Zoning Code and Downtown Plan 101

As a consultant with Solaris Management and the director of Smart Growth Greater Madison, Carole Schaeffer speaks what's on many area developers' minds. She has her eye on the planning, zoning, and process issues that impact development. In "Developing Inroads," we'll get a better idea of the roadblocks and inroads developers have when building in Dane County.

The Madison Zoning Code rewrite and the imminent release of the Downtown Plan recently made their way into the news again. There seems to be some confusion between the two, and I get a lot of questions from people who don’t realize that the Zoning Code Rewrite and the Downtown Plan are two separate, albeit intrinsically linked, things that are running concurrently. Don’t feel bad – if you aren’t knee-deep in it every day, it is confusing. Actually, even if you are, it’s still confusing.

Before I write a blog about the good, bad, or ugly of codes and plans, I’ll try to outline what the H-E-double-hockey-sticks is going on process-wise. In my next edition, I will get into some of the reasons why you should care and what you can do about it, and give a quiz on the process. Maybe we can get winners an extra floor on your next project or a “get out of going to the Urban Design Commission free” card.

The Zoning Code rewrite

You’ve probably heard that the city of Madison hasn’t overhauled the whole Zoning Code kit and caboodle since 1966. That was a long time ago. Like Paul-Soglin-hadn’t-been-mayor-yet long time ago. So the city decided it was about that time. Three years ago, a Zoning Code Rewrite Advisory Committee (the infamous “ZCRAC”) was formed to work with zoning code consultants to make initial recommendations to the Plan Commission. The first go-around included ONLY the text, or language, of the code. It did not include maps of the various districts. Those are being worked on right now by city staff and reviewed by ZCRAC. The draft of the text also left out the downtown districts – until the completion of the Downtown Plan. We will get back to that piece.

For three long years, the Plan Commission and more committees than you can shake a stick at worked on the Zoning Code text. As a ZCRACer, I can tell you there was a lot of discussion, most of which would cause the eyes of the average person to glaze over within 30 seconds. Setbacks and side yards are not the sexiest topics. However, every single parcel of land in Madison is included in the Zoning Code rewrite – so you may want to take a look at it and say, “Whew, that works” or “OMG, my neighbor can have how many chickens?”

What’s left of the work on the Zoning Code is the mapping, all things downtown-related, and any subsequent language tweaks the Common Council wants to include. These “everything but the downtown districts” maps are heading to the Plan Commission and the alphabet soup of committees this fall. The downtown districts text will be going to the Plan Commission this winter, contingent on the completion of the Downtown Plan – which is what city staff will use to draft the text and maps of the downtown districts. The Common Council should have the entire Zoning Code draft on their desks by the middle of next year. In theory. But only if we finish the pesky Downtown Plan.

Downtown Plan

Once upon a time, Wisconsin passed a Smart Growth Law requiring municipalities to adopt comprehensive plans. Madison complied with this comprehensive plan law, but for the downtown it created a sort of placeholder plan to be revisited as part of a Downtown Plan process. So, this “Downtown Plan” is actually the last piece of the Comprehensive Plan, and will be the basis for the downtown districts in the Zoning Code. Whereas zoning and planning are two different animals, state law requires that the underlying zoning not be in conflict with adopted comprehensive plans. In cart-and-horse language, plan comes first, then comes the zone.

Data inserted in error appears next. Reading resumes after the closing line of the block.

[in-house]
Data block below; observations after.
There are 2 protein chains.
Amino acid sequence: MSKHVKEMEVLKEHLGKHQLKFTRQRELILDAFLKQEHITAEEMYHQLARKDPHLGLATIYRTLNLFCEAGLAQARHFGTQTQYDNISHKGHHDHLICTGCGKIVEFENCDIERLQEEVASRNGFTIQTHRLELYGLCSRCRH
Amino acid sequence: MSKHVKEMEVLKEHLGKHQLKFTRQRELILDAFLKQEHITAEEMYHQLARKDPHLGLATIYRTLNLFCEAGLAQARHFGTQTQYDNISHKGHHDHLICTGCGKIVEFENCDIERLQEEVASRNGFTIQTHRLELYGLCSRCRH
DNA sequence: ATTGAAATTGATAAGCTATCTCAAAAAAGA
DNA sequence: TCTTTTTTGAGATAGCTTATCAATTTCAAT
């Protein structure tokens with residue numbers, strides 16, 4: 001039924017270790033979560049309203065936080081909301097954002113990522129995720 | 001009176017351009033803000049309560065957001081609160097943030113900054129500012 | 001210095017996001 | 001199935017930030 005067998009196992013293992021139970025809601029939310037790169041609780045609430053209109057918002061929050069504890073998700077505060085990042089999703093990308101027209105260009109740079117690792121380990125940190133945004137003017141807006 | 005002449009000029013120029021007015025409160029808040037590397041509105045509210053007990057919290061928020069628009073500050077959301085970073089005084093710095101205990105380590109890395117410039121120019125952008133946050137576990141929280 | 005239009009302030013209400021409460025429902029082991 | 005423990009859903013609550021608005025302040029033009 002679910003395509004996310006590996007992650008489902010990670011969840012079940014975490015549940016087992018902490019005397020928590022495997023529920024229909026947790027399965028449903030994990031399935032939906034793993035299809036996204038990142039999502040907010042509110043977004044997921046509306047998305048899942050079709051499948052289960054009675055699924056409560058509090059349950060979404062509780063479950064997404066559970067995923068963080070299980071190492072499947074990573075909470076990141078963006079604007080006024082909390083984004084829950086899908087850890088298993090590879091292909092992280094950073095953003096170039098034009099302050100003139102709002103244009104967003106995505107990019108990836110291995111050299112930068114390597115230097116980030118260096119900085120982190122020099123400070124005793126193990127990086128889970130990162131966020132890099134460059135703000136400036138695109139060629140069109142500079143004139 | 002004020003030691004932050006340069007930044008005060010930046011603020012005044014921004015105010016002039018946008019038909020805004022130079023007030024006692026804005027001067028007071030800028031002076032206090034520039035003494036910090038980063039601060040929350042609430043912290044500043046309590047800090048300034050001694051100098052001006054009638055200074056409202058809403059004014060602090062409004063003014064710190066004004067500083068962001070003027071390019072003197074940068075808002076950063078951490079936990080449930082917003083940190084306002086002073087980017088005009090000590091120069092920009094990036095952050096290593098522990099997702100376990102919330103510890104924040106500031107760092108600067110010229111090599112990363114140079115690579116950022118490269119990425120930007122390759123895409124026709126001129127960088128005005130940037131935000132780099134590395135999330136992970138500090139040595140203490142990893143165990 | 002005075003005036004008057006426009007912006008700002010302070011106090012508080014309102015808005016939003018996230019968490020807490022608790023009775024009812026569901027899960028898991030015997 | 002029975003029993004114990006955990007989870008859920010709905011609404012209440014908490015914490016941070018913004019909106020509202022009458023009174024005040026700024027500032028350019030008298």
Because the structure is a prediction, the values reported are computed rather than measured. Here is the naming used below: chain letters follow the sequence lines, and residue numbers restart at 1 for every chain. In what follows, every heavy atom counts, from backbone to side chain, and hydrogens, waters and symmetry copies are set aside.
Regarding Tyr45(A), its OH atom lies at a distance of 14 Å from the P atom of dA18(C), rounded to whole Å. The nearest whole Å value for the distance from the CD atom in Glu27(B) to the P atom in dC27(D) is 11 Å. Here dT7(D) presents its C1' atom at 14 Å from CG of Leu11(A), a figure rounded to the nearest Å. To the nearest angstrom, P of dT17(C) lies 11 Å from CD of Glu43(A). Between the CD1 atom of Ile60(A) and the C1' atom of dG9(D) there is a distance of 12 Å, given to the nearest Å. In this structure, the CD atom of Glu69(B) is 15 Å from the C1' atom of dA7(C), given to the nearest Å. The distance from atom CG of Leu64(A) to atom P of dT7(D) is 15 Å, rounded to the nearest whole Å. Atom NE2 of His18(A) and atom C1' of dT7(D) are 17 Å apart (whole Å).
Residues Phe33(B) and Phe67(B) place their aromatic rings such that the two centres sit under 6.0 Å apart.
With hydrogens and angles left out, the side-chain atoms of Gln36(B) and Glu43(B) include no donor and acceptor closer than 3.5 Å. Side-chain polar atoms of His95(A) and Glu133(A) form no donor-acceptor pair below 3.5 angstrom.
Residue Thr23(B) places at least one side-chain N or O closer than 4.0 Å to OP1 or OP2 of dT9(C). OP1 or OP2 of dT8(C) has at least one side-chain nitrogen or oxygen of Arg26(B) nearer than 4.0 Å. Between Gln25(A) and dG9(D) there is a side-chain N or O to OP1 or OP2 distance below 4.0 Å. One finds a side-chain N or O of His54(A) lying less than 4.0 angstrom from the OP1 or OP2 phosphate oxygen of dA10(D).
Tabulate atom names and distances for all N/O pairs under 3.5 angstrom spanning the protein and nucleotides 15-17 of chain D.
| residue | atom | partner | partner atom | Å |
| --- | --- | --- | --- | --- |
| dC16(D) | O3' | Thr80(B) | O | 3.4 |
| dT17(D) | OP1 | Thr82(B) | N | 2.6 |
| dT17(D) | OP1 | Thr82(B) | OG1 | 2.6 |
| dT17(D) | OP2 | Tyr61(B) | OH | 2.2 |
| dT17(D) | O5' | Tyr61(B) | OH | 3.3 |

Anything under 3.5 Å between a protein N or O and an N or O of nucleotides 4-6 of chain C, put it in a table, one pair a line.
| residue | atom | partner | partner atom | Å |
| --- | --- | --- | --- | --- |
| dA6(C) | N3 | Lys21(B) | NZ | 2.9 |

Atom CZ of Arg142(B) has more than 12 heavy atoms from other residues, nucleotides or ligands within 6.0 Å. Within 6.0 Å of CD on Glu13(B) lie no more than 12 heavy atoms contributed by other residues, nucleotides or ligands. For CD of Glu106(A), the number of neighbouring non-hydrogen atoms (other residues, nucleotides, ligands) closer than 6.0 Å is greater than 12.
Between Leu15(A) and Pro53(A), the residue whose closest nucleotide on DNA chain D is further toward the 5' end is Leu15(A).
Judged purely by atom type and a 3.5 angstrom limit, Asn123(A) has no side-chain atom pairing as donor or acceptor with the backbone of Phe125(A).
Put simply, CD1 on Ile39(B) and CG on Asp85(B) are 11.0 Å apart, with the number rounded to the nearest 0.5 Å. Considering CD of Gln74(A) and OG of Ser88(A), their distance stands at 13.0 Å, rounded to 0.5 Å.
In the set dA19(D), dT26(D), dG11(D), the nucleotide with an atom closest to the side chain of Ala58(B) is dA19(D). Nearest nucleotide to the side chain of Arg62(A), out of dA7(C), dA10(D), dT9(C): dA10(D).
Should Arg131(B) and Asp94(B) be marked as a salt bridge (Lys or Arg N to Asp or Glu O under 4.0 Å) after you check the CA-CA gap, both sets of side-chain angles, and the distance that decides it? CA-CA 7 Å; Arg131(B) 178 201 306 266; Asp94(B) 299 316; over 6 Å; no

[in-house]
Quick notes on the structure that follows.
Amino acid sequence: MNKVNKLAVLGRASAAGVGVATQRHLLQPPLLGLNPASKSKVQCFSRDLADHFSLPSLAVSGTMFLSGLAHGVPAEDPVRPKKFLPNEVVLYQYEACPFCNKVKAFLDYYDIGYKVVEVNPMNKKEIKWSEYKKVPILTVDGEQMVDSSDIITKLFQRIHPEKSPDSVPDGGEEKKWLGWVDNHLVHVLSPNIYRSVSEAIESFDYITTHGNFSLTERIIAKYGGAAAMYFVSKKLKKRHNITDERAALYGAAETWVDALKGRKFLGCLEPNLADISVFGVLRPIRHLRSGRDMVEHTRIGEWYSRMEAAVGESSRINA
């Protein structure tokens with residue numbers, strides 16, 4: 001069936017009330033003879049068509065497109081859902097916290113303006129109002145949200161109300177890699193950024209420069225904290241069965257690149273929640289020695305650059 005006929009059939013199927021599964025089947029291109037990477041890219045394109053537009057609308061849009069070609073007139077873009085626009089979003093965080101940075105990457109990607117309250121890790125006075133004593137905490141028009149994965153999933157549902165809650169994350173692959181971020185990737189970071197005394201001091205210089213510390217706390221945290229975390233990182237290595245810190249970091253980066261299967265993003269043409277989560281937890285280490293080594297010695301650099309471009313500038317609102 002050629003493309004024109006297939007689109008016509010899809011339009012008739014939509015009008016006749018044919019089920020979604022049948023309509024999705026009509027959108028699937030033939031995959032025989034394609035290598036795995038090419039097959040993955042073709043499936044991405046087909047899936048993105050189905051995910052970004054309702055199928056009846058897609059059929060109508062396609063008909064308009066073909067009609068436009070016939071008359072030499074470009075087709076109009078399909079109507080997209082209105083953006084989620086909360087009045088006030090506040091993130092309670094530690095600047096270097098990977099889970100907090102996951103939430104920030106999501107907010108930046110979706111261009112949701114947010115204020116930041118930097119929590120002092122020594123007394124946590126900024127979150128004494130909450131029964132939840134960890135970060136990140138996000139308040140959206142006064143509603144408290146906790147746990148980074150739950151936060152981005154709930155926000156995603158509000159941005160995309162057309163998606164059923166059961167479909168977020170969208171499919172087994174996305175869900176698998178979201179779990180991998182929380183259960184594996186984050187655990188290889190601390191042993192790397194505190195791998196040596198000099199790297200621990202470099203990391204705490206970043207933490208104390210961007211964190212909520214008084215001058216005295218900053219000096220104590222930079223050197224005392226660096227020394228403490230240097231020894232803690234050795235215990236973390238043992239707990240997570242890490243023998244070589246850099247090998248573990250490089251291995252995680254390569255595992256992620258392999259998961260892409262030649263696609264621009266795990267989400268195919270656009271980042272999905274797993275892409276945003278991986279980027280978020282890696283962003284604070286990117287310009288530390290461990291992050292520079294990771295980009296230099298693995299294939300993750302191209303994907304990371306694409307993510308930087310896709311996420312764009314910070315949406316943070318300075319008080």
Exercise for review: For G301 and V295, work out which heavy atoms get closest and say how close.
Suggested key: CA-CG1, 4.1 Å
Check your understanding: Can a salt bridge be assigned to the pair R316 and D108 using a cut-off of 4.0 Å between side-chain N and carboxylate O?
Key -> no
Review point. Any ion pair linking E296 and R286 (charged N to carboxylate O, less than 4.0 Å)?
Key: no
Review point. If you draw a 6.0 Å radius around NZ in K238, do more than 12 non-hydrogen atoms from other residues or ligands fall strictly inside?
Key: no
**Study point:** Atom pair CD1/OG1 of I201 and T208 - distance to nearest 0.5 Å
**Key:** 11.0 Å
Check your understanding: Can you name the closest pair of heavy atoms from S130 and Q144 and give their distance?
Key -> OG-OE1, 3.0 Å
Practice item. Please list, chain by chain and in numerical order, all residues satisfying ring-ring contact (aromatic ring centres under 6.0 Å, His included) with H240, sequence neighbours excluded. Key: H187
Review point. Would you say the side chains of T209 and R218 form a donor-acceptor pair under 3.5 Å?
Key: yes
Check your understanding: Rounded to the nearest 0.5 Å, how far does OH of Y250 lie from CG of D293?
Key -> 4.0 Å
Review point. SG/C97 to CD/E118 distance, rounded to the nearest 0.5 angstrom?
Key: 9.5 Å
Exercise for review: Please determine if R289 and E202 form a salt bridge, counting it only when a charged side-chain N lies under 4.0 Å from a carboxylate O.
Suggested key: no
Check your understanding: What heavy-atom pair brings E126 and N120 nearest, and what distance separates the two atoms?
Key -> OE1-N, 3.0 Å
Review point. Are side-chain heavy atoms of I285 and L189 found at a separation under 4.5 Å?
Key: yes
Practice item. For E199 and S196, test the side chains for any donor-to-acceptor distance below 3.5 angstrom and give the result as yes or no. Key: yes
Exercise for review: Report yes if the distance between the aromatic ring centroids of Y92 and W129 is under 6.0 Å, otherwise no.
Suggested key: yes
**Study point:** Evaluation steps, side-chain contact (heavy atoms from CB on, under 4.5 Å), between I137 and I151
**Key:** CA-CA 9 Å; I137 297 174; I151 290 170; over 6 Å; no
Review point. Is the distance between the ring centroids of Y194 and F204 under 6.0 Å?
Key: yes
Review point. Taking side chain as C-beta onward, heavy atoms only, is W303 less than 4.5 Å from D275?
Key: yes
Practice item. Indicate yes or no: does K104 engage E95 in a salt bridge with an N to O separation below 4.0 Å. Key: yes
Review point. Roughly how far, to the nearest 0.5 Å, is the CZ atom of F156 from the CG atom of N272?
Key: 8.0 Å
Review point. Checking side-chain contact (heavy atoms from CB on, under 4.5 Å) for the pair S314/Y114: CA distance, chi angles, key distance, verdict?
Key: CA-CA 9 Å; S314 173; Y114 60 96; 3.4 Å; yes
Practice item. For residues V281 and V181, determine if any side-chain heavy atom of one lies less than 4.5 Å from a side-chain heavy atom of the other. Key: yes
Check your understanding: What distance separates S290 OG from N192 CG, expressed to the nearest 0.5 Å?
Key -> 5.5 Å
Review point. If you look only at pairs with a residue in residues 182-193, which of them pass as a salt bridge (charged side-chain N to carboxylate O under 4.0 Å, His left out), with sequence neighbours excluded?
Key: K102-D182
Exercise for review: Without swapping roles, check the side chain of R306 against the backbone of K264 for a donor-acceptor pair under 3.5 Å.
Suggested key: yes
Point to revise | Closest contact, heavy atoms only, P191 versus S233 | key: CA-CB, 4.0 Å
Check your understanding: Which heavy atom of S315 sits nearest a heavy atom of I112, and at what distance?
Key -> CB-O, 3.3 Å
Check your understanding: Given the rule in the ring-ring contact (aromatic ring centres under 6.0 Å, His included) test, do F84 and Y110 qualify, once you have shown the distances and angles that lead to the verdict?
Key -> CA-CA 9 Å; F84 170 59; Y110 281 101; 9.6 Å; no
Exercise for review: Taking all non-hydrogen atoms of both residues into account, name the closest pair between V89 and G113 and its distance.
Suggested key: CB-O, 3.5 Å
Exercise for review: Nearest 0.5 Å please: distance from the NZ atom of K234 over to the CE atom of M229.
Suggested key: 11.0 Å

Beginning in 2008, the city held numerous listening sessions, Downtown Madison Inc. convened economic development subcommittees of real estate professionals and design professionals to get practitioner input, and neighborhood groups met to discuss how their plans fit into the future. The Downtown Plan was originally slated to take a year to complete. So in typical Madison fashion, in September 2010, an initial draft was presented for community discussion. After further review, a new council and mayor, and incredibly hard work by plan department staff, the city will unveil the formal draft for public discussion in November. The draft then goes to appropriate committees and commissions, and there is fervent hoping and (not in a public building) praying that we will have a Downtown Plan for Madison by February. Of 2012. Then, the downtown districts of the Zoning Code can be drafted and vetted and eventually we will have a shiny new Zoning Code.

If you’d like to come to a Zoning Code meeting, the next one is Monday, Nov. 14, at 5:30 p.m. in the Madison Senior Center. If you’d like to make it more interesting, I can present you with a Zoning Code Bingo game sheet. I am also pretty sure that Vegas has a line on when the code will actually be adopted, when the first project will come through that doesn’t work with the new code, when the first outraged person who didn’t pay attention finds out his or her land is now zoned as a petting zoo, and how many historic preservationists will declare the first project that does work with the code an abomination.

More information on both the Zoning Code Rewrite and Downtown Plan are available on the city of Madison website.

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